Pop Culture
Dec 10, 2013, 09:52AM

My Pot Punditry Problem

Eagerly admitting a goof.

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One cardinal rule of punditry is don’t dwell on your wrong calls. So you backed a war that didn’t work out? Pretend all right-thinking people were against it from the get-go and only Those Idiots in Office, from the other party, or from another wing of your party, thought otherwise. Say you said Kerry, McCain, Romney or Coakley would win? So what? Continue blithely passing off your covert cheerleading as serious horserace analysis.
Permit me to shatter that ass-covering rule. Just over a year ago, Splice Today ran a column by me about the ballot Initiative 502, which would legalize pot in my own Washington state.  I said it wouldn’t pass. It did. I predicted pot smokers wouldn’t turn out for it. They did. I implied a high Republican vote would help drive a nail into its coffin. It didn’t. Yet I couldn’t be happier with the blackbird banquet set before me.

The source of my appetite is a happy historical accident. Last week marked the end of two prohibitions, or the beginning of the end at any rate. On December 5, 80 years ago, the state of Utah voted to end alcohol Prohibition by ratifying the 21st Amendment. Every year on that night, I go to a bar, order a drink and propose a toast: “To Mormons!” After I explain it to my fellow, presumably non-Mormon, boozehounds, they join in.

The next day of this year, December 6, was another landmark. Possession and private use of marijuana by adults 21 years or older finally enjoyed the sanction of Washington state law. The federal government is still mulling the problem, but has promised not to prosecute for now. The Department of Justice’s concession likely represents a telegraphed federal throwing-in-of-the-towel on the war on weed.

Figuring out how to celebrate this victory against Prohibition is going to be hard, for a couple of reasons. First, I’m not a pothead, so just toking up is out. Second, the coalition that brought us legalization is complicated. The best contrarian bet would be, “To Republicans.” In Washington’s 2012 statewide contest, GOP gubernatorial candidate Attorney General Rob McKenna almost won. He netted 48.5 percent of the vote to former congressmen Jay Inslee’s 51.5 percent.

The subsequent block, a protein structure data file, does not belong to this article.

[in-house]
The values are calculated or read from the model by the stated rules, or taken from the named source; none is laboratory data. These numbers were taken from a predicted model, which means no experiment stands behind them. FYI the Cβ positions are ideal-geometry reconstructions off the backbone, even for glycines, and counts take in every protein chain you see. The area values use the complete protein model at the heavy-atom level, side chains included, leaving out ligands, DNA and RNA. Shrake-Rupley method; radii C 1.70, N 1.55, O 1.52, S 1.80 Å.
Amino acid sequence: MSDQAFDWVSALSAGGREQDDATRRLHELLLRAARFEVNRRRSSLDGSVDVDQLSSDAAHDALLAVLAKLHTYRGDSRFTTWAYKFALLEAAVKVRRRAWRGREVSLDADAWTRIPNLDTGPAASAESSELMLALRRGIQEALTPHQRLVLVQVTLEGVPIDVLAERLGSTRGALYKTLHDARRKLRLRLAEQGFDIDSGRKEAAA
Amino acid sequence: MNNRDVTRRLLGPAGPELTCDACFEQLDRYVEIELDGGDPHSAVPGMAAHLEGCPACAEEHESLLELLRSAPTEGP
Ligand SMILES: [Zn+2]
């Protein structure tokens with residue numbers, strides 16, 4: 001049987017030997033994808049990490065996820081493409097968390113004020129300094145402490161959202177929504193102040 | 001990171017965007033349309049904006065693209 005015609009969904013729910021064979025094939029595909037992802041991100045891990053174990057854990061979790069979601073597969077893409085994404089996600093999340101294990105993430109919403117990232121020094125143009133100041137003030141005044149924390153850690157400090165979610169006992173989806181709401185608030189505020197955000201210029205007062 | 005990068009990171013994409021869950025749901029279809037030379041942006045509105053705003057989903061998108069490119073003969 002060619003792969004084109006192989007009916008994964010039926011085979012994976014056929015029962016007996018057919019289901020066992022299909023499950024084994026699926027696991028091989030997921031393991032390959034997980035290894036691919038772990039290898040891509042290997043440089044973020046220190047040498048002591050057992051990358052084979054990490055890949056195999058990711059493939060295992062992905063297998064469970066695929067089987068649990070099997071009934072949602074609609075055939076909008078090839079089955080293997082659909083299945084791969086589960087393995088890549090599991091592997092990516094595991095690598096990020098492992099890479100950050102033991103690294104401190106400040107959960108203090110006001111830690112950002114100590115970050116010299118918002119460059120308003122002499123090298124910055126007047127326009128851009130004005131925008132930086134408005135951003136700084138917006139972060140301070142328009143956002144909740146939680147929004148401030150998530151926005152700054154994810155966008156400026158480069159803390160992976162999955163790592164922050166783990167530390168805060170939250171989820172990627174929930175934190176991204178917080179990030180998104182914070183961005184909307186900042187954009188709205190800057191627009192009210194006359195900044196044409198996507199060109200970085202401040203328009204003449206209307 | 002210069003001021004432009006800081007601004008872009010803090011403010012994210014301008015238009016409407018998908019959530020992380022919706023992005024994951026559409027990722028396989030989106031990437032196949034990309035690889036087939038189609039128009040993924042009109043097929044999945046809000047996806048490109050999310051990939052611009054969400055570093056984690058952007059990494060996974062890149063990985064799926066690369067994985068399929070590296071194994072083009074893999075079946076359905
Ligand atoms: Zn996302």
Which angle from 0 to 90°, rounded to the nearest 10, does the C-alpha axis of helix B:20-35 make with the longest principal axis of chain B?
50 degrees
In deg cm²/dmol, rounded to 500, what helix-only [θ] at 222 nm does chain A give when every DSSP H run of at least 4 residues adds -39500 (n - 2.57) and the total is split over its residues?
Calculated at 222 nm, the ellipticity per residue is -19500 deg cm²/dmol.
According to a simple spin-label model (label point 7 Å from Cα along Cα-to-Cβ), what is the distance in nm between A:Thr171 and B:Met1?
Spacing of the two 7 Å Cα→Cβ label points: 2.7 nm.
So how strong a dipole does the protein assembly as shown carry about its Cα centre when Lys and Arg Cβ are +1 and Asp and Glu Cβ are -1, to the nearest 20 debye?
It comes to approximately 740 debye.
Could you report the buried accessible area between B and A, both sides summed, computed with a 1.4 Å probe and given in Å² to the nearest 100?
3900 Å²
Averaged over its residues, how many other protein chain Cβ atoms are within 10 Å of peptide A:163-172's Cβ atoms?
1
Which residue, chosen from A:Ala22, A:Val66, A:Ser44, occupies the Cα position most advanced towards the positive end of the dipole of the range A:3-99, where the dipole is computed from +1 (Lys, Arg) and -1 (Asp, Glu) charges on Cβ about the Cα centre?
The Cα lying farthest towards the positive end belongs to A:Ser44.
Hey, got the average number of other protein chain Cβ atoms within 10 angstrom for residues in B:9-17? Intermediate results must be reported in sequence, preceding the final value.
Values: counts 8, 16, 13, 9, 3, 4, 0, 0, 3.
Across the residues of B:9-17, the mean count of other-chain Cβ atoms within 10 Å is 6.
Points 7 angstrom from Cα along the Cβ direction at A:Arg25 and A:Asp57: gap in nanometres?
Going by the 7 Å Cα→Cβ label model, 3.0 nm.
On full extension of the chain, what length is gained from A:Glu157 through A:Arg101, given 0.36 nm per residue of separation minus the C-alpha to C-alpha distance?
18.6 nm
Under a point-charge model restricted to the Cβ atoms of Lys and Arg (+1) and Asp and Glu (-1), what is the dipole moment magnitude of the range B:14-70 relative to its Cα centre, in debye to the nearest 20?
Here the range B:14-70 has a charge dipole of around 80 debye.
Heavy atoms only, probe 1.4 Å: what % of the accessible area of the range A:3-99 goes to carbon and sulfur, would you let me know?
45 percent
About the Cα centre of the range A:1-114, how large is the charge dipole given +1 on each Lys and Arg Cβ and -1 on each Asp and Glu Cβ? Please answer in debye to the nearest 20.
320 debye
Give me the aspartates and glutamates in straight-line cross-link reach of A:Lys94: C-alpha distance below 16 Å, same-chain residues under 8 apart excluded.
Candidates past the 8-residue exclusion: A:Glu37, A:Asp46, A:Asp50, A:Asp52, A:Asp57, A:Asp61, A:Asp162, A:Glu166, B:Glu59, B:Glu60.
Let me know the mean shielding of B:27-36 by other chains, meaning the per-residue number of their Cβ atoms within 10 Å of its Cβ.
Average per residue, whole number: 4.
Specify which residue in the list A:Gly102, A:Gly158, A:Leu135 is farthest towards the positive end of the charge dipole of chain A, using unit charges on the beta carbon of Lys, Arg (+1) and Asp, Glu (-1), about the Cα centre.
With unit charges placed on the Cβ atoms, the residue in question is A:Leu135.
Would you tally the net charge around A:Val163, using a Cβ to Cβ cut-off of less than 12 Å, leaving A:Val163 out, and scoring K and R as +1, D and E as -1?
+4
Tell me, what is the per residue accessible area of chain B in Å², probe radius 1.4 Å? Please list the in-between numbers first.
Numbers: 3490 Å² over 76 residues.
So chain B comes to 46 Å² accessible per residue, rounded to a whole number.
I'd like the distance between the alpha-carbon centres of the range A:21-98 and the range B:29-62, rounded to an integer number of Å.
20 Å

Initiative 502 passed more easily, winning 55.7 percent of the ballots. You might conclude that showing means some of McKenna’s Republican supporters voted for it. In fact, they were vital to its passage, and you’re probably looking at this the wrong way. McKenna, without making a big deal out of it, had endorsed the ballot initiative. Democrat Inslee had encouraged a no vote.

Four years before, the coalition that elected Barack Obama also doomed a pot legalization plebiscite in California. It wouldn’t have been at all difficult to take McKenna’s base vote and build it to an absolute anti-pot majority. This didn’t happen, because the Republican had no interest in diabolizing dope fiends. That an attorney general, a Republican, was okay with legal marijuana had a mellowing effect. His support calmed voters enough to take the plunge for pot, pulverizing my cynical crystal ball. Unexpected, selfless sanity makes crow so much easier to get down.


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